On this day …….. 4th of December 1886

Dangerous circus elephant

Abu, the circus elephant which crushed a 22-year-old woman to death on Thursday, will not be destroyed. The owners of Ashton’s Circus were allowed to decide Abu’s future after Victorian authorities decided that they did not have the power to order it to be destroyed. Circus clown Miss Debbie Wirth, 22, was killed when Abu grabbed her in its trunk while she was walking with the elephant at the circus site in Vermont South. Circus part-owner Mr Mervyn Ashton, said: “It is everybody’s decision, including Debbie’s parents and her fiancé, Douglas Quay, not to destroy Abu. We’ve had a great deal of support from a hell of a lot of local people who have come asking us to let Abu stay in the circus.” The Victorian Minister for Agriculture, Mr Kent, said existing legislation did not cover incidents in which circus animals killed an attendant.

On This Day ….. 26th November 2009

In November 2009 it was reported that up to 6000 feral camels in search of water had invaded Docker River, a small Aboriginal community of about 350 people located about 500km southwest of Alice Springs. Local residents had been afraid to leave their homes for some time. The camels have torn up the main waterpipes and sewerage pipes, made the town’s airport unusable and contaminated the town’s water supply.

The Northern Territory government decided to take action and announced $49,000 in emergency funding for a cull in which helicopters will be used to herd the animals outside the town, where the camels will be shot and left to decay in the desert.


ON THIS DAY…… 23rd November 1930


Two business girls who share a flat in South Yarra were distressed when they found their pet cat dead. As their ‘yard’ consisted of a square or concrete, they could not give the body proper burial, and they did not like consigning it to the dust bin. After much debate, they decided to consign it to the sea, so they wrapped it up and put it in an old suit-case no longer required, together with a couple of bricks. On The 23rd of November 1930, they journeyed to Brighton, but the band was playing on the pier and the place was crowed with people no chance of getting rid of pussy there. So they went back to St. Kilda, determined to drop it off the end of the pier. Halfway along the pier a man spoke to one of them: ‘Excuse me, but are you Miss Jones?’ ‘No, certainly not,’ she replied, and was turning away when he snatched the suitcase and ran. The girls were too surprised to move for a moment, and then they laughed them selves to tears as they watched the man still running hard, disappear into the crowd on the Esplanade with the body.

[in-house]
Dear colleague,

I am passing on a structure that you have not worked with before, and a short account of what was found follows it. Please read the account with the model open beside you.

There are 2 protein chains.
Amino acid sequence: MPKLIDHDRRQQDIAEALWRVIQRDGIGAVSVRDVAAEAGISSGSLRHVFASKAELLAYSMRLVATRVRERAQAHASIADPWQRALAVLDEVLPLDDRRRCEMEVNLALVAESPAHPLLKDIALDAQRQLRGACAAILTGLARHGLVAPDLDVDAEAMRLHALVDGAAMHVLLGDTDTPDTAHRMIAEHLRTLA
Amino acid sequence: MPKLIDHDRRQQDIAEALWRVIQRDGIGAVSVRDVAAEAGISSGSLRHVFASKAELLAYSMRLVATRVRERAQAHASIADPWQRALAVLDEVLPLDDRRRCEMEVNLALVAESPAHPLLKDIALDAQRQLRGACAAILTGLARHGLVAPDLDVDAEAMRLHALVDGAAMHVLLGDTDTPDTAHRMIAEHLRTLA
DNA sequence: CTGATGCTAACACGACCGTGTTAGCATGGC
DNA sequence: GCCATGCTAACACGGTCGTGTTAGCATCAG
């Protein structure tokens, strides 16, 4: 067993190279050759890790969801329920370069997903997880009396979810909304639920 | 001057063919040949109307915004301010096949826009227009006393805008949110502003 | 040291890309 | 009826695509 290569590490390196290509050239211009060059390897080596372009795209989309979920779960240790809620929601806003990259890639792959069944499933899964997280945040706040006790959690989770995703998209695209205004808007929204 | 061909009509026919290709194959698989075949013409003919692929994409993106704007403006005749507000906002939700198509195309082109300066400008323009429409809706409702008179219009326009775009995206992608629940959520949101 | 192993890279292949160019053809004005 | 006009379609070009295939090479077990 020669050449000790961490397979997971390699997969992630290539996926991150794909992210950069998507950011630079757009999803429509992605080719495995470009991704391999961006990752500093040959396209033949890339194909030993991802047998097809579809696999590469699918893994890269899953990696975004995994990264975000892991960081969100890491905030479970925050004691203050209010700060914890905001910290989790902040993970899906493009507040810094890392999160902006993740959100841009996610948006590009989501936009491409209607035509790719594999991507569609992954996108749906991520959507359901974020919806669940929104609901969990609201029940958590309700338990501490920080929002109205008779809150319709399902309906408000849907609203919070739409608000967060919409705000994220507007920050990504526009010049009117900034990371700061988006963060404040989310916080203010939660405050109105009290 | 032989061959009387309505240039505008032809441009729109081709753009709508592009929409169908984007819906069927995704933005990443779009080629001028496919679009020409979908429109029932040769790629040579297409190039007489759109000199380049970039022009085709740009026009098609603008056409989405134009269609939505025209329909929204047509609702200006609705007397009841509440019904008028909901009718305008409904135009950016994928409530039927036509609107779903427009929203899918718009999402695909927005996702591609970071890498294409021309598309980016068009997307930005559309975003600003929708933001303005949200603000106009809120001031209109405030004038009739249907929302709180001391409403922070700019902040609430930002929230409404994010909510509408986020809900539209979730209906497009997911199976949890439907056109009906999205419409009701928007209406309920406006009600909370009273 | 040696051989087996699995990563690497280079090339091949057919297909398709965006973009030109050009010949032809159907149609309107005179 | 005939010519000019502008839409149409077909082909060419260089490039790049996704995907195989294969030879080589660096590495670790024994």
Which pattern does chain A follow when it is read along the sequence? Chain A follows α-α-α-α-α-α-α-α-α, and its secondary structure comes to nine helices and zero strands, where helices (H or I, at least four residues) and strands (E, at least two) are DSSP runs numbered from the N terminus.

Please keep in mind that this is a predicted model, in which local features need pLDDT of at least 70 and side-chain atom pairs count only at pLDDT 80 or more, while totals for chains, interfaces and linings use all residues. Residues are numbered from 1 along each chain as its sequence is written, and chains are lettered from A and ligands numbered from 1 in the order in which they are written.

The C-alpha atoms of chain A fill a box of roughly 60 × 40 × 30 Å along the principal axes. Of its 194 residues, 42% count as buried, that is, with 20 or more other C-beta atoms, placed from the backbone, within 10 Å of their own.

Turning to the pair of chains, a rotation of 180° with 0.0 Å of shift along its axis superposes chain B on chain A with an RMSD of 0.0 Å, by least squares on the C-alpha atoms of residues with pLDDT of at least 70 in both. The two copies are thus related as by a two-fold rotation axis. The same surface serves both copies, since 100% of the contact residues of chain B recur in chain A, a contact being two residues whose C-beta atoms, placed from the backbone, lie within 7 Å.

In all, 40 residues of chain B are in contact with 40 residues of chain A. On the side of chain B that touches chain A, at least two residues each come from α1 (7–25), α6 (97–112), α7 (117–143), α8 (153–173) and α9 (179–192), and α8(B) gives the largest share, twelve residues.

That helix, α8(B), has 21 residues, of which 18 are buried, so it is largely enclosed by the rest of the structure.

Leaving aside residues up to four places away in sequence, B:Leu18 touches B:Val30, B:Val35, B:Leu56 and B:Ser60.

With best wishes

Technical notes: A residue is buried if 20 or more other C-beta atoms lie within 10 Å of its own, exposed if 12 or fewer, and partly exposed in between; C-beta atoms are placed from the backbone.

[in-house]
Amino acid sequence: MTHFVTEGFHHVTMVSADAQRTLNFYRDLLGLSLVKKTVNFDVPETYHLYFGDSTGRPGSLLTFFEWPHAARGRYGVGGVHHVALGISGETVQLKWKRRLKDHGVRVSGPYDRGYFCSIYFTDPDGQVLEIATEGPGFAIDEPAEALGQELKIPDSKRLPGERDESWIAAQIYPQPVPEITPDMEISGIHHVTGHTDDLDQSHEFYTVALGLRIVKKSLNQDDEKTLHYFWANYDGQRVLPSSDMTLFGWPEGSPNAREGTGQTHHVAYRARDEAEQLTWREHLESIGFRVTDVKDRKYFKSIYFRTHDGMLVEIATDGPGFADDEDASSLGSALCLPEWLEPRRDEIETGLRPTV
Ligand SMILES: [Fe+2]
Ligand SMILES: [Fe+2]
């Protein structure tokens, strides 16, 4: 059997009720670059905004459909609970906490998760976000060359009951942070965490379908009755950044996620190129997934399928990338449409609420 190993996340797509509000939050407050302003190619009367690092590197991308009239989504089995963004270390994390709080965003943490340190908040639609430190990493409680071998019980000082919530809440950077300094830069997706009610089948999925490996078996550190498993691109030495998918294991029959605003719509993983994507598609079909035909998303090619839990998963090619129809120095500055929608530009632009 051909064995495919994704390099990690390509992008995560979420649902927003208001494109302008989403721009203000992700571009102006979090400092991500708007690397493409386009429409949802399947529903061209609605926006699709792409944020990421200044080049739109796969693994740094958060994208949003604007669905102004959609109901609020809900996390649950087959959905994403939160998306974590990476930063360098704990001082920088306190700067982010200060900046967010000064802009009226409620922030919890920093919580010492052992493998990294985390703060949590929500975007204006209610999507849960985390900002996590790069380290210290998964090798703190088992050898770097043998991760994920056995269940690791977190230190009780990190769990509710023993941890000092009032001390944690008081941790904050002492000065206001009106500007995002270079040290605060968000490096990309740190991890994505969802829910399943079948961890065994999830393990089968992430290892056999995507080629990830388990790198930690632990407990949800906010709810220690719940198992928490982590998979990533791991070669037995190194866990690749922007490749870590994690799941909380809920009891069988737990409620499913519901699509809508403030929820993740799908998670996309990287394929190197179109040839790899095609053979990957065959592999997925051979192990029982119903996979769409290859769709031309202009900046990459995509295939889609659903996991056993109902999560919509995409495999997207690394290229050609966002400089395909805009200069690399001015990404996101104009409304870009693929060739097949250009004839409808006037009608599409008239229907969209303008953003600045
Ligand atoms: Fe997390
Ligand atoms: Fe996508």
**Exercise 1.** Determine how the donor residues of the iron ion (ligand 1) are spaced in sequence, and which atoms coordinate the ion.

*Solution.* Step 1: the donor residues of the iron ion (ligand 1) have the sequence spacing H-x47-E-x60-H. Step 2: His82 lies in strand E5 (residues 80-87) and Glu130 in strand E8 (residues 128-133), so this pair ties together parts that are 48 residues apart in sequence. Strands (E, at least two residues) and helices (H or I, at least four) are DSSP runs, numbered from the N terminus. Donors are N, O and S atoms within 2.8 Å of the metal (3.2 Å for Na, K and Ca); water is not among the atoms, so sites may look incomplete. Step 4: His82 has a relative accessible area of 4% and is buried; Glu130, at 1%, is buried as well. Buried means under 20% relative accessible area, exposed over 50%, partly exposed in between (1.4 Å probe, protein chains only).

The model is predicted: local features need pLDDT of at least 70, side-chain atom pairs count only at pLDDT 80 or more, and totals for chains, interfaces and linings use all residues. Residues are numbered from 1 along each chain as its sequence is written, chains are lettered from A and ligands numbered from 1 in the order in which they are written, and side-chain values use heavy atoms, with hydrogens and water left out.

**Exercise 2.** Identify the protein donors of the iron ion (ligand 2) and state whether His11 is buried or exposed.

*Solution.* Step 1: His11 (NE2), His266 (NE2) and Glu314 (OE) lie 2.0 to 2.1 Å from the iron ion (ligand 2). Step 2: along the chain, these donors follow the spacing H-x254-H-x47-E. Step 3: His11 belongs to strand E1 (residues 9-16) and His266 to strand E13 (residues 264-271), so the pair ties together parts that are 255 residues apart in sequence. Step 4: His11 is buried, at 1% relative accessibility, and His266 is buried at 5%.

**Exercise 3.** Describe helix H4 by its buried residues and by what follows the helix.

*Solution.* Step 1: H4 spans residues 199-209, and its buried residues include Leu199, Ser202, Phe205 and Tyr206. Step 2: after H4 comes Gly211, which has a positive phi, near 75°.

ON THIS DAY…… 23rd November 2009

The world’s oldest sheep on record, dies.

The average life-expectancy of sheep ranges between ten and twenty years. Not so for Lucky, the world’s oldest sheep, who died at the age of 23. Lucky was a hand-reared sheep who lived on a farm at Lake Bolac, west of Ballarat, Victoria. She had been abandoned by her mother at birth, and rescued by farmer Delrae Westgarth who found her out in the paddock. Westgarth and her husband Frank cared for the lamb, feeding her in their house and then moving her to the shed until she was old enough to join the flock. Lucky produced 35 lambs of her own in the following decades. In late Spring of 2009, exceptionally hot weather weakened her and caused her health to deteriorate. Although her owners brought her back to the shed, cooling her down with air conditioners, she died on Monday 23 November 2009, aged 23 years, six months and 28 days. This was a Guinness-certified world record age for a sheep. Lucky was buried under her favourite nectarine tree.

ON THIS DAY…… 14th November 1939

The world’s oldest dog on record dies – Blue Heeler named ‘Bluey – aged 29

The Blue Heeler is a hardy breed of dog developed in Australia. Also known as the Australian Cattle dog, the Blue Heeler was developed by colonists in the 1800s by crossing Dingo-blue merle Collies to Dalmatians and black and tan Kelpies. This produced an excellent working dog, capable of driving large herds of cattle through the harsh conditions of the outback. According to Guinness World Records, the world’s oldest known dog was a Blue Heeler, appropriately named “Bluey”, owned by Les Hall of Rochester in the Australian state of Victoria. Born on 7 June 1910, Bluey died on 14 November 1939 at the age of twenty-nine years, five months, and seven days.

ON THIS DAY…… 8th November 1906

Melbourne cup arrives in Wangaratta

It was not as fast as modern TV, but it was still fast enough to amaze the locals in Wangaratta, North East Victoria. On this day in 1906 Dan Barry’s World Wide Wonder Show was able to screen the running of the 1906 Melbourne Cup.